FIGURE 1
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Figure 1. RAxML tree generated from combined LSU, SSU, ITS, and RPB2 sequence data. Bootstrap support values for maximum likelihood (the first value) equal to or greater than 60% and Bayesian posterior probabilities (the second value) equal to or greater than 0.95 are given above or below the nodes. The tree is rooted to Cheilymenia stercorea (AFTOL 148) (Pezizomycetes). The ex-type strains are indicated in bold and newly generated sequences are indicated in blue. Four bactrodesmium-like species are highlighted in gray background. Symbols after generic names in Eurotiomycetes indicate the habitats of taxa as explained in the phylogram.

Phylogenetic trees were viewed with FigTree v1.4.03,4 and edited using Microsoft Office PowerPoint 2007 (Microsoft Corporation, WA, United States). The new sequences were deposited in GenBank (Table 1).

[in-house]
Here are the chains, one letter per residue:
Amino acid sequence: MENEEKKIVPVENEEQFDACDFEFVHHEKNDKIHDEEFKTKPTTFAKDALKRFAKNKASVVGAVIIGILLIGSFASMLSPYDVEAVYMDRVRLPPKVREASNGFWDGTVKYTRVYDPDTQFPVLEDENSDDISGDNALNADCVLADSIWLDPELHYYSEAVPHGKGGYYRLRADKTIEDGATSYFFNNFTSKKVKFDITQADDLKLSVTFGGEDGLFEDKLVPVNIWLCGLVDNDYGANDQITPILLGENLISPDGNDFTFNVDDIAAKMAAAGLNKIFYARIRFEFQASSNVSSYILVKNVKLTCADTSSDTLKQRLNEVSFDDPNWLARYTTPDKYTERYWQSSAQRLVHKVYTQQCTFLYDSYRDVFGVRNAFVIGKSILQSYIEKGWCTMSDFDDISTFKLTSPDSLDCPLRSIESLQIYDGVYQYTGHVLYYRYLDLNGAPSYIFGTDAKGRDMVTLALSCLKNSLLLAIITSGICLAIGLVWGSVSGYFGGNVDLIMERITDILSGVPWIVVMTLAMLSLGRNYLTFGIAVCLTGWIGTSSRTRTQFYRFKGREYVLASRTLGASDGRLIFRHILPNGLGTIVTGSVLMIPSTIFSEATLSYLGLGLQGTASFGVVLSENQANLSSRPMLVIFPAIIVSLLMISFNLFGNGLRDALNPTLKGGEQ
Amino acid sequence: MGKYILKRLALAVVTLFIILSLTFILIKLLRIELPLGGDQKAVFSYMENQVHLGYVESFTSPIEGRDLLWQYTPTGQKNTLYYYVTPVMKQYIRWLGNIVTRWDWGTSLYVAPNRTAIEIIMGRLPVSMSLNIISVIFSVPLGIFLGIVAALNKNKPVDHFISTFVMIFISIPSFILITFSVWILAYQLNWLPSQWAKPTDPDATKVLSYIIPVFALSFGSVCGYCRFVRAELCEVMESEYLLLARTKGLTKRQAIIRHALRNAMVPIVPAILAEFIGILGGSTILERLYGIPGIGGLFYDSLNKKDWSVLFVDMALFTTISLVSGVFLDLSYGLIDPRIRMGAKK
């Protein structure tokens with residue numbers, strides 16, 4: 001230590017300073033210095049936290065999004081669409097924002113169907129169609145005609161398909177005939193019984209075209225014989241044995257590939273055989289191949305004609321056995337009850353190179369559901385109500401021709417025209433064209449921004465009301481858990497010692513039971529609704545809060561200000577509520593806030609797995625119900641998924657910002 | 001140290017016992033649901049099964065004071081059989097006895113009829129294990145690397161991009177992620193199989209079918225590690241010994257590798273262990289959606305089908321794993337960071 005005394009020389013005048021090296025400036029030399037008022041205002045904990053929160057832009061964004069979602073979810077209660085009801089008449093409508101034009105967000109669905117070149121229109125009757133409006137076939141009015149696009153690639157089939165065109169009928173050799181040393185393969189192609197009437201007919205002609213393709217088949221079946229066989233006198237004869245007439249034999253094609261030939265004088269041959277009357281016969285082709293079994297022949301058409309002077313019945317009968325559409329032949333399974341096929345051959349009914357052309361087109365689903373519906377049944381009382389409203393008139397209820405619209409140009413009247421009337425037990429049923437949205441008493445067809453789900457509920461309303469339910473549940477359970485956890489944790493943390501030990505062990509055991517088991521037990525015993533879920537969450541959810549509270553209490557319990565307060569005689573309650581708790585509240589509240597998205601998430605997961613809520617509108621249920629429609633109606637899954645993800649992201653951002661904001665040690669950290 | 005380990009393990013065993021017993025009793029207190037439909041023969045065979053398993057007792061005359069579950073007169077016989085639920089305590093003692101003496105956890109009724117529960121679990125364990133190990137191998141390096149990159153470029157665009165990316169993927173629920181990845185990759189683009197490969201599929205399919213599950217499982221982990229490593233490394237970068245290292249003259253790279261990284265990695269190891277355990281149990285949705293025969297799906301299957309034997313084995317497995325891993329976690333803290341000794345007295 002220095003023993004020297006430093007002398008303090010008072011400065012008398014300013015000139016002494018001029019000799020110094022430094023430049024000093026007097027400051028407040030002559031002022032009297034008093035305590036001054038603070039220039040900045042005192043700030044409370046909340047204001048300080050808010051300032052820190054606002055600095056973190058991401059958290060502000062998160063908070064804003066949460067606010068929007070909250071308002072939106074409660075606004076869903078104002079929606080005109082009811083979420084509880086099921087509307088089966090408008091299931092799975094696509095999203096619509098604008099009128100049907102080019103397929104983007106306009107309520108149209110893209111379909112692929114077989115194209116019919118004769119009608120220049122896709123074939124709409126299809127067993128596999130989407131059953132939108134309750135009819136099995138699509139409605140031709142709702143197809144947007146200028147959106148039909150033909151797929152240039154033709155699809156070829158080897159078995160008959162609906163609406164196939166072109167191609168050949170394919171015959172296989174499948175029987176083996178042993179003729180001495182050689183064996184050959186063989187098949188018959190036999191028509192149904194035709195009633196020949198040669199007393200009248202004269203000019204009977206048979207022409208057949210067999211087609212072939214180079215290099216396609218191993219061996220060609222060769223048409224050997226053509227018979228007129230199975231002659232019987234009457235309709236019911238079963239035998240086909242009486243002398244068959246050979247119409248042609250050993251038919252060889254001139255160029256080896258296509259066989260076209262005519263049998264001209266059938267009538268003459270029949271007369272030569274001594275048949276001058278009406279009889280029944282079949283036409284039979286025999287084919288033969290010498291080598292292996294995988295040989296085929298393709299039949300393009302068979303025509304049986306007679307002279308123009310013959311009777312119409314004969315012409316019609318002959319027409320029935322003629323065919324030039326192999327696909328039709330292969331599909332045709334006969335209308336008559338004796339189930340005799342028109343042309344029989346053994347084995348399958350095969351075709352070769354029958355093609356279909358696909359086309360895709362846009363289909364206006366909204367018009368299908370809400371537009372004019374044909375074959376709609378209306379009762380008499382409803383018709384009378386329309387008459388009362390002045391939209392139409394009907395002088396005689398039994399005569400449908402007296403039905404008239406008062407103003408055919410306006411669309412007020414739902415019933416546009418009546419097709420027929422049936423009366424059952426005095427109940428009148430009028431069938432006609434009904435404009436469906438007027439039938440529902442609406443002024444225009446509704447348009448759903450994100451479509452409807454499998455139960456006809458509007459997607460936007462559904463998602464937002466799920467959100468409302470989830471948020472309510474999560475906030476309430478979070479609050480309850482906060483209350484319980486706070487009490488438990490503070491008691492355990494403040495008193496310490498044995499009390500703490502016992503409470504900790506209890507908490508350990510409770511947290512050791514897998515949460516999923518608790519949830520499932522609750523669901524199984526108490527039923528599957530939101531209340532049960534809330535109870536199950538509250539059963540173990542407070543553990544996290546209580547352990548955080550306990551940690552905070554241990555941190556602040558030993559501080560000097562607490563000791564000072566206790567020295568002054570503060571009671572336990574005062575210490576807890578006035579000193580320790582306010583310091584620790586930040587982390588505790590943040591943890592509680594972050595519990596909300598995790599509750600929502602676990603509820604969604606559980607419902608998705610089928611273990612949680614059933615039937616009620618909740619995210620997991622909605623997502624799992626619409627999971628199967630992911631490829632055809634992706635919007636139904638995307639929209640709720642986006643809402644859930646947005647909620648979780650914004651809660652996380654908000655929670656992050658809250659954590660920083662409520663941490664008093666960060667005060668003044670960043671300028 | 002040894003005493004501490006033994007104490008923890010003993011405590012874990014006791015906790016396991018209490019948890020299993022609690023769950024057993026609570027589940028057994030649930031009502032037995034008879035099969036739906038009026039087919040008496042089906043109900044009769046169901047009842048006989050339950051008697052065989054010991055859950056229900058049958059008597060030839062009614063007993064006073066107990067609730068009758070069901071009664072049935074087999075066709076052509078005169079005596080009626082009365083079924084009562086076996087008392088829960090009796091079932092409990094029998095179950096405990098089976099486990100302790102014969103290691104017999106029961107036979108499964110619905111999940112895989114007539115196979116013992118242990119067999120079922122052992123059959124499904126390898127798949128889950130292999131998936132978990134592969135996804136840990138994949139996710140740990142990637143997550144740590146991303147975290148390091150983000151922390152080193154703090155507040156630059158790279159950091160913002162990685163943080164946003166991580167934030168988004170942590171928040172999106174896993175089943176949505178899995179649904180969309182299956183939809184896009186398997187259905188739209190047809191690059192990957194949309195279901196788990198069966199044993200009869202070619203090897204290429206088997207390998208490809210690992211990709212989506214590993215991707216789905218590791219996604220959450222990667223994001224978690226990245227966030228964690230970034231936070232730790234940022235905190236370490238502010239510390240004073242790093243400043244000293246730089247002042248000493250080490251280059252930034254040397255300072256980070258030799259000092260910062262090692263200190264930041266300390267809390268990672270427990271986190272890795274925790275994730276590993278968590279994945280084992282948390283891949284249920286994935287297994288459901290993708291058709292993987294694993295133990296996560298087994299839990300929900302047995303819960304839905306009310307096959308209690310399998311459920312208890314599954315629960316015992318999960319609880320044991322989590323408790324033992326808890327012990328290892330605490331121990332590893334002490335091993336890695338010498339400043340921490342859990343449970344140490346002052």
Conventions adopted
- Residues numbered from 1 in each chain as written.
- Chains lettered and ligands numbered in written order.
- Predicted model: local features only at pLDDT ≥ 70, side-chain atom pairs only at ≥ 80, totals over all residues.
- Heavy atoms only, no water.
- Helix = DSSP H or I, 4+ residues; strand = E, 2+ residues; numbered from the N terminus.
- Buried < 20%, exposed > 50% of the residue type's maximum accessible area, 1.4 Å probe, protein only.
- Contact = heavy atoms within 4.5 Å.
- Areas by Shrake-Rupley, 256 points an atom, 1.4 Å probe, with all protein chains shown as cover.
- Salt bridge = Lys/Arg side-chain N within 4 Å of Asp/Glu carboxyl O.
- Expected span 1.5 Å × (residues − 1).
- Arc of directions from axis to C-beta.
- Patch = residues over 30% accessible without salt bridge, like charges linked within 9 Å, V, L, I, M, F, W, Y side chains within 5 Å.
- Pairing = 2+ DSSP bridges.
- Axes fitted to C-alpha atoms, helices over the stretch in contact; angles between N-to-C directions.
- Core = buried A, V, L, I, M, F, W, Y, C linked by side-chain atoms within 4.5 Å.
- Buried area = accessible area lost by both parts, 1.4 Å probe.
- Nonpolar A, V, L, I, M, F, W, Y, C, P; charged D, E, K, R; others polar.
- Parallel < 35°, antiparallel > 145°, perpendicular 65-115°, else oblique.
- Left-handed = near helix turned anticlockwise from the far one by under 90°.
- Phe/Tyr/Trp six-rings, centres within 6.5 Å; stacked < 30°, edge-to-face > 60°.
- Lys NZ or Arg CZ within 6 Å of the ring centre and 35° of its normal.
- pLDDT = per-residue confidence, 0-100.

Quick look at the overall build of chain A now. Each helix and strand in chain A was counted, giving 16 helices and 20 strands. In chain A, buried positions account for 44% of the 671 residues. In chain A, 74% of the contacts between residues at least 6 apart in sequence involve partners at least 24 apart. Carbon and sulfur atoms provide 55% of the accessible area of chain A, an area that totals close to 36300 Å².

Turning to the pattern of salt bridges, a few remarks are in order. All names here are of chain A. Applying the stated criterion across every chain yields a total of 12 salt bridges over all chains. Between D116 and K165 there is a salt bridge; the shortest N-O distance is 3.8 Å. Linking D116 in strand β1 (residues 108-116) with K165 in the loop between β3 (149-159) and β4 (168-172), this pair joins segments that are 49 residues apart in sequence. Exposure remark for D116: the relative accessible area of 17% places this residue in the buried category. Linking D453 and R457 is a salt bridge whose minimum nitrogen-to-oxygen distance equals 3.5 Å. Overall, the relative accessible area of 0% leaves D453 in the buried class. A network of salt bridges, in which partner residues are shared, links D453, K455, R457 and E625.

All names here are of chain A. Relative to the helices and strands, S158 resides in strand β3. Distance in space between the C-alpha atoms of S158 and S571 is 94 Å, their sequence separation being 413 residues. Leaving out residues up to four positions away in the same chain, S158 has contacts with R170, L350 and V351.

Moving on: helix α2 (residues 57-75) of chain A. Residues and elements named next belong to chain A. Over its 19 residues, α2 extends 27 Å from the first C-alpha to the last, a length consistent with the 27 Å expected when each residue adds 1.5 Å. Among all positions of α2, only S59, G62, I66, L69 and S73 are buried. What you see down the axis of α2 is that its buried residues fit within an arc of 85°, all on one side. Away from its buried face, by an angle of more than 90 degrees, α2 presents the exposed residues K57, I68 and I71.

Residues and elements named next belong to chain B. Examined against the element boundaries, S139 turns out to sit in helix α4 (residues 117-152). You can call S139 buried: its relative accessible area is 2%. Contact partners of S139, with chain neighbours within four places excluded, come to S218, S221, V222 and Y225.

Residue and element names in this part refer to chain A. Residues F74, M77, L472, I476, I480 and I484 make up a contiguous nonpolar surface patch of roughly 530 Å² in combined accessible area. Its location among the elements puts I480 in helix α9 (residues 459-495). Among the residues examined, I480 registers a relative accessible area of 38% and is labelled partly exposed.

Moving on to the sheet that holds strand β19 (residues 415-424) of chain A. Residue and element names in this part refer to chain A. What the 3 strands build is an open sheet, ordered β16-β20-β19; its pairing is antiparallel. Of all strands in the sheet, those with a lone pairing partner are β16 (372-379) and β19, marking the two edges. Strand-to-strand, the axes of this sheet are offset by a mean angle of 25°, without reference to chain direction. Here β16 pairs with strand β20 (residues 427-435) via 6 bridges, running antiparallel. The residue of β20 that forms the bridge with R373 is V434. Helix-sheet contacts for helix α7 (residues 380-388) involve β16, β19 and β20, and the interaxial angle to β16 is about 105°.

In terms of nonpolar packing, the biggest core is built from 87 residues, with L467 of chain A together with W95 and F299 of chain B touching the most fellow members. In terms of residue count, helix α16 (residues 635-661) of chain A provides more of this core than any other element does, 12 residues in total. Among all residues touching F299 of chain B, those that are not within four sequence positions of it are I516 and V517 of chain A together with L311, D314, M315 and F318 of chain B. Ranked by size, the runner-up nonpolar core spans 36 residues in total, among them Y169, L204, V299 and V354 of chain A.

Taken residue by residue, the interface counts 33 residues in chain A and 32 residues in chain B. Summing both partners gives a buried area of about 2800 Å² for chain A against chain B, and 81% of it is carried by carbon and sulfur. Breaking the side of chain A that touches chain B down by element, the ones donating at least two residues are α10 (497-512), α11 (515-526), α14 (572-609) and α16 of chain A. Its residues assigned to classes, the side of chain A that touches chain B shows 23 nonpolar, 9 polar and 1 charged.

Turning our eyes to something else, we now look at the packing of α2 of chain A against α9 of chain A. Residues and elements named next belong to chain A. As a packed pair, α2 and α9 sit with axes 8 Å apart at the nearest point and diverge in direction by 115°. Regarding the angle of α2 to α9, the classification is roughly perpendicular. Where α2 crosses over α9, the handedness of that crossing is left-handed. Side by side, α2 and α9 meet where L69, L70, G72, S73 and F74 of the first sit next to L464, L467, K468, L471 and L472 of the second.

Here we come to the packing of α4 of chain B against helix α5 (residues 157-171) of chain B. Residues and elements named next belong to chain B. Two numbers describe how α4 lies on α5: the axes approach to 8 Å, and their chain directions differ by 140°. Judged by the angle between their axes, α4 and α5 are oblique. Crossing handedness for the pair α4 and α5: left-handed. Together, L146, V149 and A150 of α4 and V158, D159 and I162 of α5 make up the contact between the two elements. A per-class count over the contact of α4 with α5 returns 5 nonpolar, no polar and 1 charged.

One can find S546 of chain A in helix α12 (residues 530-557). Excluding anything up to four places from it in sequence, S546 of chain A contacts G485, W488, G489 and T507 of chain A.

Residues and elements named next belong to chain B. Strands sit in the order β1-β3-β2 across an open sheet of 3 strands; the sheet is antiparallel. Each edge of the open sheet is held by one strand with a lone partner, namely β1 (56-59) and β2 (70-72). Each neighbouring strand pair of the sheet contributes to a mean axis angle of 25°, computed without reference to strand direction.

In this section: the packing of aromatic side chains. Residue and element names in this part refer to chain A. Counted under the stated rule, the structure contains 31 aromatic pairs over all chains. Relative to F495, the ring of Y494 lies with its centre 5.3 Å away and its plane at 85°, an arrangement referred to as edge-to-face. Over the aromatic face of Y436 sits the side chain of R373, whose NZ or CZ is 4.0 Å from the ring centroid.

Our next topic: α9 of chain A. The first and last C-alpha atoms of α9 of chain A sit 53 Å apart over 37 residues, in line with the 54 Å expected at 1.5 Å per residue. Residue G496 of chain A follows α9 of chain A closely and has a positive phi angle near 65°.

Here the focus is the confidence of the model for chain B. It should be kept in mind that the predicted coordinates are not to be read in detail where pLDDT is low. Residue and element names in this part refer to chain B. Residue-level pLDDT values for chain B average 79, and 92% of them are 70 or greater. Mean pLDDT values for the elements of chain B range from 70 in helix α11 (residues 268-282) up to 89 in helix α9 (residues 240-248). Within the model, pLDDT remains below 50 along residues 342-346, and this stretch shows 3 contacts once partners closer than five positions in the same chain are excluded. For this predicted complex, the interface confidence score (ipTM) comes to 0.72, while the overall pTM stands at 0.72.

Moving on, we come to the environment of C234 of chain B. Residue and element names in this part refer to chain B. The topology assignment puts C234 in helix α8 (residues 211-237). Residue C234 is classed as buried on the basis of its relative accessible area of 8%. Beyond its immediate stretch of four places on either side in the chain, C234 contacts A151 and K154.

Results

Phylogenetic Analyses

Combined LSU, SSU, ITS, and RPB2 gene regions were employed to explore the taxonomy of new collections. The alignment comprised 79 strains (including two new strains) with an alignment length of 4381 total characters. The RAxML analysis resulted in a best scoring likelihood tree selected with a final value for the combined dataset ln L = −39819.188166. The matrix has 2564 distinct alignment patterns, with 62% of undetermined characters or gaps. Estimated base frequencies are as follows: A = 0.256432, C = 0.229269, G = 0.279558, T = 0.234740; substitution rates AC = 1.300864, AG = 2.616909, AT = 1.328213, CG = 1.028043, CT = 6.168383, GT = 1.000000; gamma distribution shape parameter α = 0.360140.

In the phylogenetic tree (Figure 1), the two new isolates are shown in Eurotiomycetes and distantly related to Bactrodesmium cubense (Dothideomycetes), B. gabretae (Leotiomycetes), and B. obovatum and B. pallidum (Sordariomycetes). The morphologically similar genera, e.g., Bactrodesmiastrum, Dictyosporium, Digitodesmium, Distoseptispora, and Sporidesmium, have phylogenetically unrelated relationships with our new strains (Figure 1). Pseudobactrodesmium aquaticum and P. chiangmaiensis constitute a distinct clade in the family Dactylosporaceae (Figure 1).

Taxonomy

Pseudobactrodesmium H. Zhang, W. Dong & K. D. Hyde, gen. nov.